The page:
The banner flies outside the stained glass windows of the Washington Street United Methodist Church as a beacon of hope and support for the local community. Photos by Meghan Hurley

Nancy Whittle’s hands trembled as she approached the altar. One unsteady leg at a time, she knelt down, overcome with emotions she had never felt before. As members of the church laid gentle hands on her back in solidarity, she took a deep breath and shed a tear.

Whittle had doubts about her place in the church, but this experience helped affirm her belief that she belonged at Washington Street United Methodist Church as a member of the LGBTQ community.

Her road to acceptance has not been linear. While she had not lost her faith, she learned to believe in her own way. Much like the banner displayed in front of Washington Street, she had wavered with the wind but was tethered to her faith by one strong word: “Love.”

“That was one of the most affirming things that ever happened to me as a gay person,” Whittle said. “I knew that this church was real at that point in time. I felt like I had an army of kindred spirits behind me.”

Members of Washington Street United Methodist Church aim to negate the ill effects of discrimination that have made LGBTQ members feel like outsiders in the faith by affiliating with the Reconciling Ministries Network. Like many mainline Protestant denominations, Methodists have wrestled with ordination of gay pastors, recognition of gay marriage and overall acceptance of the gay community.

Whittle says that The Reconciling Next Team was formed at Washington Street with a vision to spread the message of inclusion and advocate for unity within the Methodist Church. For months, Whittle and The Reconciling Next Team had hopes of a transformed United Methodist denomination of compassion and justice.

In the end, they fell short. According to an NBC News article published in March, conservative leaders of the United Methodist Church revealed plans for a breakaway denomination, known as the Global Methodist Church, that would not recognize same-sex marriage.

“Our hopes were dashed; the traditional plan was voted in,” Whittle said. The traditional plan meant the church was taking steps backward from reconciliation, and returning to “traditional” values which were actually “even more restrictive” for its members, she said. The new initiative, which will likely be debated at the 2022 general conference of the church, also detailed further punishments for gay pastors. The  church’s path to acceptance “came to a halt,” said Whittle.

Through the network, progressive churches, like Washington Street, can live out their theological convictions and ignore bans against gay marriage and ordination of of LGBTQ clergy. Using conversation as a gateway to acceptance, they got to work sharing flyers and displaying banners throughout the block of Washington Street.

“It was about sharing our message and saying what we were thinking, but also listening as much as we were talking,” Whittle said.

Below the colorful “Love,” the banner is decorated with two short sentences in bold black font: “No exceptions. No exclusions.”

“We are so fragmented as a world,” said the Rev. Becky Shirley, the church’s senior pastor of Washington Street. “We need to be able to see God’s fingerprint on those things that we call secular, and be able to talk about it.”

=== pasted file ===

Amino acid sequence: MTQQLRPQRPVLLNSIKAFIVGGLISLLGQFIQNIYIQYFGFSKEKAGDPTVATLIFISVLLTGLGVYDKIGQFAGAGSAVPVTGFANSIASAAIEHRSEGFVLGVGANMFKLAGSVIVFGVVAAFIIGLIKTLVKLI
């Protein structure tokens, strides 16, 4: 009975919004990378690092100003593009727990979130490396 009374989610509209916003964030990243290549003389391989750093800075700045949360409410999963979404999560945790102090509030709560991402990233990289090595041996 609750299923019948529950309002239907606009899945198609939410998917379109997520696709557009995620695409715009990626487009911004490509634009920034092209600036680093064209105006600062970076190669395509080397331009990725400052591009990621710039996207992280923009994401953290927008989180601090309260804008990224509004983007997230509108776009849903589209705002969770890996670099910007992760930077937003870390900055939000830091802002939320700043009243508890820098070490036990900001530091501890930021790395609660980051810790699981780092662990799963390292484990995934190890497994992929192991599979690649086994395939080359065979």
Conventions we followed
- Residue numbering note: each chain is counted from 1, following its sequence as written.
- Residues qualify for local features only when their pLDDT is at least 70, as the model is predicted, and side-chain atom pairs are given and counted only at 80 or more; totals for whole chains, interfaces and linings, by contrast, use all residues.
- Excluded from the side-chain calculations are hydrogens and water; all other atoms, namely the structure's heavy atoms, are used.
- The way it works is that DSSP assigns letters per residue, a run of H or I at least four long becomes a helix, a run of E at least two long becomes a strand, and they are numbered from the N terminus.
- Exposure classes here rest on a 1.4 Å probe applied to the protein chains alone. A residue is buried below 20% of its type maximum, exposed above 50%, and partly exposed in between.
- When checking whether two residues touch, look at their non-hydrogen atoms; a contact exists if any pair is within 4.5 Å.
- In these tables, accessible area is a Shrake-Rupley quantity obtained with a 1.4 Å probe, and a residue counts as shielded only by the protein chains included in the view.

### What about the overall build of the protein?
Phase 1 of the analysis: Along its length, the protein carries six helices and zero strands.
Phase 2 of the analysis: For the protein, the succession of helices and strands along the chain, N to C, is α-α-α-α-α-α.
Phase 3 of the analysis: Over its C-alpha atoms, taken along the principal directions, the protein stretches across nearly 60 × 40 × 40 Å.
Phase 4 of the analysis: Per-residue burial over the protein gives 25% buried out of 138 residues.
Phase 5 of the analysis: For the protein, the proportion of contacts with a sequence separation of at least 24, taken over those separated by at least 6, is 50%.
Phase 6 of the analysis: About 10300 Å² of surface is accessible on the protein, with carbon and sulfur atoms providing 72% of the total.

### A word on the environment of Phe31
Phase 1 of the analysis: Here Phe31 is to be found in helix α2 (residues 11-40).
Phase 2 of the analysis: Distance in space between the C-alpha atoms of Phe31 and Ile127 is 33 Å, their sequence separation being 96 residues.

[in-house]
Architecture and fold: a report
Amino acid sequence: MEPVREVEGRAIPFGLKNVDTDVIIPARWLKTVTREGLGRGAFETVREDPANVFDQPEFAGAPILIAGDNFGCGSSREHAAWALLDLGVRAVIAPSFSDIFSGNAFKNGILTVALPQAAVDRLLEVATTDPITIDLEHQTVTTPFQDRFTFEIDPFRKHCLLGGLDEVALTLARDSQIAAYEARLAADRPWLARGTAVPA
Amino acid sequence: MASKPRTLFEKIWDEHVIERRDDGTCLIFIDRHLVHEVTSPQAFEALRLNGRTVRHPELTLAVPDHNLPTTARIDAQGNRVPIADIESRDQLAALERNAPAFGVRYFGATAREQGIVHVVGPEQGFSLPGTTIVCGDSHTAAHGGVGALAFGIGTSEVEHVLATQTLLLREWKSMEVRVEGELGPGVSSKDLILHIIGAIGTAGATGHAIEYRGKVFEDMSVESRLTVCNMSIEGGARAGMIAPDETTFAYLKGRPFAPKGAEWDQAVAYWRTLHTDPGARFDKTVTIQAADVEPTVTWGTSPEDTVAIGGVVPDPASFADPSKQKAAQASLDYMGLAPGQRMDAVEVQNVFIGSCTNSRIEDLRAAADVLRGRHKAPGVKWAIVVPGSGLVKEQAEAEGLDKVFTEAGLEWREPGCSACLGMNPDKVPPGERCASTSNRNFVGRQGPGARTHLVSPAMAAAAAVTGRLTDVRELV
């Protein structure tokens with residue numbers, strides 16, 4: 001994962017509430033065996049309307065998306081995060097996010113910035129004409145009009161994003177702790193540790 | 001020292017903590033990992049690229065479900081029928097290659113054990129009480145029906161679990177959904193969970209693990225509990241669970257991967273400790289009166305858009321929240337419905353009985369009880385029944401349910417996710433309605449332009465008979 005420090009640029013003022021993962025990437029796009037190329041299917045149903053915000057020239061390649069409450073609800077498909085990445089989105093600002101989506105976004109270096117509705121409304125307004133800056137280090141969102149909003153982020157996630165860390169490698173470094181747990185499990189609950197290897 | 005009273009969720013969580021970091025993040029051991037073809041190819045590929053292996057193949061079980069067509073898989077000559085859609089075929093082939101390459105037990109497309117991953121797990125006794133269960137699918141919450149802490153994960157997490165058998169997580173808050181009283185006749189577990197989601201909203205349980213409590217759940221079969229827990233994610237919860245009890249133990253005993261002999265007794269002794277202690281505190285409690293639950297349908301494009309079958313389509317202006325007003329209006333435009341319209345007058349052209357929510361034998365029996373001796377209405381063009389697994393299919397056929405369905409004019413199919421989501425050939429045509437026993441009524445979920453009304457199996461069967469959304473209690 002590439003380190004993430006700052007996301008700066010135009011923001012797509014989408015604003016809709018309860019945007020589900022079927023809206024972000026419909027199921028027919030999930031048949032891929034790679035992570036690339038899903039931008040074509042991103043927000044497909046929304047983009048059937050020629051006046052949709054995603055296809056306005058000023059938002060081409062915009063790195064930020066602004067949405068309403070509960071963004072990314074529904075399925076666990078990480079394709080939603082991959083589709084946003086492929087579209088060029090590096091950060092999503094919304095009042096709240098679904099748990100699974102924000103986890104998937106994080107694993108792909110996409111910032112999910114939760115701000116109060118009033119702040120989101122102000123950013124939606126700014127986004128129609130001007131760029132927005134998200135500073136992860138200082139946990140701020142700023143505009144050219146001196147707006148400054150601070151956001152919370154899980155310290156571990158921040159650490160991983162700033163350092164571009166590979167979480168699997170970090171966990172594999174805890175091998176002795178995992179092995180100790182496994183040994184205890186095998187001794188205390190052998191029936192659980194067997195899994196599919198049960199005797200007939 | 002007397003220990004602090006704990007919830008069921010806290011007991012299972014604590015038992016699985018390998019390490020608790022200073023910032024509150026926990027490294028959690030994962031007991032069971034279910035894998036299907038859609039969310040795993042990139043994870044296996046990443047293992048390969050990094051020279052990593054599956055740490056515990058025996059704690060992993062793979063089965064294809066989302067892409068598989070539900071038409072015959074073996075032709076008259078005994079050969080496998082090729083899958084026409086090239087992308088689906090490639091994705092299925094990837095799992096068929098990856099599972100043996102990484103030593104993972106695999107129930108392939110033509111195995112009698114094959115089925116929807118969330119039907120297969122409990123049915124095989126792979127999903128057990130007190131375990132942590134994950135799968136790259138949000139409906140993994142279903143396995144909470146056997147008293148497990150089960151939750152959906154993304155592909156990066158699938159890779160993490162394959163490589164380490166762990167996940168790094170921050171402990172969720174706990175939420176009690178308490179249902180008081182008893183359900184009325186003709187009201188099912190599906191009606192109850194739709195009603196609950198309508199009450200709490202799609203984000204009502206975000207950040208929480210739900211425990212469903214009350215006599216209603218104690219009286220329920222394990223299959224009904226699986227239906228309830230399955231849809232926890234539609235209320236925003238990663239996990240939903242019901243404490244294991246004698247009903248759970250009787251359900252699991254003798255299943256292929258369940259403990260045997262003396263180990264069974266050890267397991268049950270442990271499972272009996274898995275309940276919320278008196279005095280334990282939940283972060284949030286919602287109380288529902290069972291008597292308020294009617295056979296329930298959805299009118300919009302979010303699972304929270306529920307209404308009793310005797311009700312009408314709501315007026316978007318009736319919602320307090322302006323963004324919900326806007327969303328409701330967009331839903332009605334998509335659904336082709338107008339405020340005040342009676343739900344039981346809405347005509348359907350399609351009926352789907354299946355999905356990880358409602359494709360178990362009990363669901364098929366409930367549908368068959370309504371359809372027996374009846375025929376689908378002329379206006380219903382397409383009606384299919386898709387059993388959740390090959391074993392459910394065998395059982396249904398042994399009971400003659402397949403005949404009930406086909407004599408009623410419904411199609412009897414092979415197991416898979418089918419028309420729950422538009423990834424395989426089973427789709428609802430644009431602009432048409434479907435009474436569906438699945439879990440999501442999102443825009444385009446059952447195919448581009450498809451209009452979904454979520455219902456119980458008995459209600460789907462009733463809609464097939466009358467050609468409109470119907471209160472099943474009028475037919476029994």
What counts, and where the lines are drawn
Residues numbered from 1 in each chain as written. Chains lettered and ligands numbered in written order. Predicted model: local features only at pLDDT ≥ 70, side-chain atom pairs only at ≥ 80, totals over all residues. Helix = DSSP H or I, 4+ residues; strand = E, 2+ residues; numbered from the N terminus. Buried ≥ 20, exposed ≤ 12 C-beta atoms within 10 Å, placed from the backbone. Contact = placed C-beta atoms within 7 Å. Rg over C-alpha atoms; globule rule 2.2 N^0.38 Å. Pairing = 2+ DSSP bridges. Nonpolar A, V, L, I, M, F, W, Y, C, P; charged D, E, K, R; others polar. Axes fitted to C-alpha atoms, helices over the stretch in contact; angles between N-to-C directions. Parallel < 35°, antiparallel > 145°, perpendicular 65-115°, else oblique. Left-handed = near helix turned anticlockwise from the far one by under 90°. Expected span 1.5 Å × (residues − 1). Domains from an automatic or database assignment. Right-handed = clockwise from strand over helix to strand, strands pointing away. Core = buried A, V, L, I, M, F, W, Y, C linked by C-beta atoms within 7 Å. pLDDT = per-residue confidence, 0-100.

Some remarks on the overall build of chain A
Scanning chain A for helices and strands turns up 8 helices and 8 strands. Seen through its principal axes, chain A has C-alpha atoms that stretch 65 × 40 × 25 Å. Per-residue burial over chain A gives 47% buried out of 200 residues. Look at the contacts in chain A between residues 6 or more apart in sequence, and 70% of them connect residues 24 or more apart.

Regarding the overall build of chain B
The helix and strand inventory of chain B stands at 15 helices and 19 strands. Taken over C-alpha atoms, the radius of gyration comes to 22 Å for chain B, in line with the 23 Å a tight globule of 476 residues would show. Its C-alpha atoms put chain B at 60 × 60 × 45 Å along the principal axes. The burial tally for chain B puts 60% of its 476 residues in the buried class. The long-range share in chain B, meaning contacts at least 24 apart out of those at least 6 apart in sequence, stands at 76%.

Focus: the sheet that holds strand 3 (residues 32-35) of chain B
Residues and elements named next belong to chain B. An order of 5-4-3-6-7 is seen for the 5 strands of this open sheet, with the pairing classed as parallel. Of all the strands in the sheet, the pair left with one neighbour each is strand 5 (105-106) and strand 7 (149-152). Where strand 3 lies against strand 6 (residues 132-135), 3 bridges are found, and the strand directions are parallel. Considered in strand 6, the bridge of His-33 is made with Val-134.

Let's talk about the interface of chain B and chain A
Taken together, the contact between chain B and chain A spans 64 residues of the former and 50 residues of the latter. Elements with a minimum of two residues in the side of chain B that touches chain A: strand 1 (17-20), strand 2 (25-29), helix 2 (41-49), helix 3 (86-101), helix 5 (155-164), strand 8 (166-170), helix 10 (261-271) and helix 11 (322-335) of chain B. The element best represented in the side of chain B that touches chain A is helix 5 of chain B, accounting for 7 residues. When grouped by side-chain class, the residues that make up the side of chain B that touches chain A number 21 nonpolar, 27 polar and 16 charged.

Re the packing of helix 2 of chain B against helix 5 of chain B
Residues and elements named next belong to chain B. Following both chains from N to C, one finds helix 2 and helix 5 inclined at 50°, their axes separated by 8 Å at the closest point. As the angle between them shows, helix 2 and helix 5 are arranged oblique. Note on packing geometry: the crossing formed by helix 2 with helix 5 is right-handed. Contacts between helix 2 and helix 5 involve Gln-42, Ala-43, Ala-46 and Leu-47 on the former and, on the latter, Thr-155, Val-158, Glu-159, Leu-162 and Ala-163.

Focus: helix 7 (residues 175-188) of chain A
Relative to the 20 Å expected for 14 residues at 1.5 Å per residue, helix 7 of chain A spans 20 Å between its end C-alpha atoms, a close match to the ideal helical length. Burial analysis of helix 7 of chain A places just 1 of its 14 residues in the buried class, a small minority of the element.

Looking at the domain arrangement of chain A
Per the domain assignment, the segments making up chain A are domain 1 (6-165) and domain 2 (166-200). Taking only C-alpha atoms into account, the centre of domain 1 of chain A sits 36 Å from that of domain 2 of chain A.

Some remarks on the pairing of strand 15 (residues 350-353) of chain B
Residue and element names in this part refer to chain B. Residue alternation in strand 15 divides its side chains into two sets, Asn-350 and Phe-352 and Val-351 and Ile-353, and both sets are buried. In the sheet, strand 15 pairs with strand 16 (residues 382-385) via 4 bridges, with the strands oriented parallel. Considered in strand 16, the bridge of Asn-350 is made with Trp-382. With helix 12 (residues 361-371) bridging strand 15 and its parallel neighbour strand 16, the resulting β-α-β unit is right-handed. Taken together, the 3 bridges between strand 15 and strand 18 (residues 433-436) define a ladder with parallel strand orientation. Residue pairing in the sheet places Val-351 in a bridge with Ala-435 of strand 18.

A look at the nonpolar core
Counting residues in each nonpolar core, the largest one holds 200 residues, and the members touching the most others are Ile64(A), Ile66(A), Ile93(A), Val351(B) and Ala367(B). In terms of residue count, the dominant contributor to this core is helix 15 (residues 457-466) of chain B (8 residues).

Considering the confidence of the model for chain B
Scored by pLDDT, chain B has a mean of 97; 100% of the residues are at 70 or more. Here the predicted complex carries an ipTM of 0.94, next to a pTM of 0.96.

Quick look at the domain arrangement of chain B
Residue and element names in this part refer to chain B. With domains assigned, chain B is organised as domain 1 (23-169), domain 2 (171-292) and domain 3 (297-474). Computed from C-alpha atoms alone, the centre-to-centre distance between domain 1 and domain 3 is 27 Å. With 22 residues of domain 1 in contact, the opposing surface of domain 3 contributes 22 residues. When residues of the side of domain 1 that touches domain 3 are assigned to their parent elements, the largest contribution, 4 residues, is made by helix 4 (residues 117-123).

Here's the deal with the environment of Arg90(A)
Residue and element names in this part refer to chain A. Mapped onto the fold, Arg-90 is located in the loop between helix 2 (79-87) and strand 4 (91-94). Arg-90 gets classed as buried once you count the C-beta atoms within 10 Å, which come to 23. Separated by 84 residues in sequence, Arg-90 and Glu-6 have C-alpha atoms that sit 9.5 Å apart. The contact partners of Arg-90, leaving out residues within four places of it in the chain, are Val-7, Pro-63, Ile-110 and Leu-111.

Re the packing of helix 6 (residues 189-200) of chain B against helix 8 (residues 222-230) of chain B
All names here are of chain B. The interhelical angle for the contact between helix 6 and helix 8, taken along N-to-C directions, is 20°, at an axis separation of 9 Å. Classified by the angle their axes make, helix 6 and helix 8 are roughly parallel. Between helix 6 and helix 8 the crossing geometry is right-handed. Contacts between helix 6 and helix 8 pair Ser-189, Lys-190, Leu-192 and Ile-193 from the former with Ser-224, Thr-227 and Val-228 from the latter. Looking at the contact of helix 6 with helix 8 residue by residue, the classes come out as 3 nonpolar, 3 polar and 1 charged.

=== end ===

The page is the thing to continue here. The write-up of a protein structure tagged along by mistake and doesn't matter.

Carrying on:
Though Washington Street has opened the conversation, that does not mean that other churches have been willing to engage. Decades of discrimination by the church have left a sour taste in the mouths of LGBTQ youth such as Victor Ponds.

Ponds is the communications director of the University of South Carolina’s LGBTQ organization, IRIS, which stands for Individuals Respecting Identities and Sexualities. Ponds is nonbinary and uses they/them pronouns. Ponds recognizes that some members of the LGBTQ community take comfort within religion, but still emphasizes the damage they believe it’s caused.

“It’s very much a culture of shame and self-hatred that gets perpetuated. And so, yeah, I mean like, me and all my friends who grew up in that environment,” Ponds said. “We all had terrible mental health as teenagers, like we were all depressed and suicidal at various times, and it was all like, directly because of Christianity.”

The ministry at Washington Street is aware of the harm that Christianity may have instilled and encourages victims to share their experiences with them next month.

Whittle plans to help run Washington Street’s booth at Columbia’s pride festival on Oct. 24 to help connect with other LGBTQ people. Next to their booth will be a board for others to write ways in which the church has hurt them. The hope for the board is to create a safe space for those to share their adversities and to inspire others to also come forward.

“I think the banners already speak to that mission and attract that initial attention,” said Jane Peterson, director of communications for the church. “But now with the board we’re actually showing them, ‘we do want to hear you speak’ and ‘we care what you have to say.'”

For more information, visit or contact the Church office at (803) 256-2417.

Nancy Whittle, from Columbia, retired from doing social work at DHEC in 2012. These days she spends her free time at Washington Street United Methodist Church. 

The church service information is displayed above an array of colored doors and an inviting slogan.

The youth group has taken on the door project to be on display next month at the pride festival. Photo courtesy of Jane Peterson.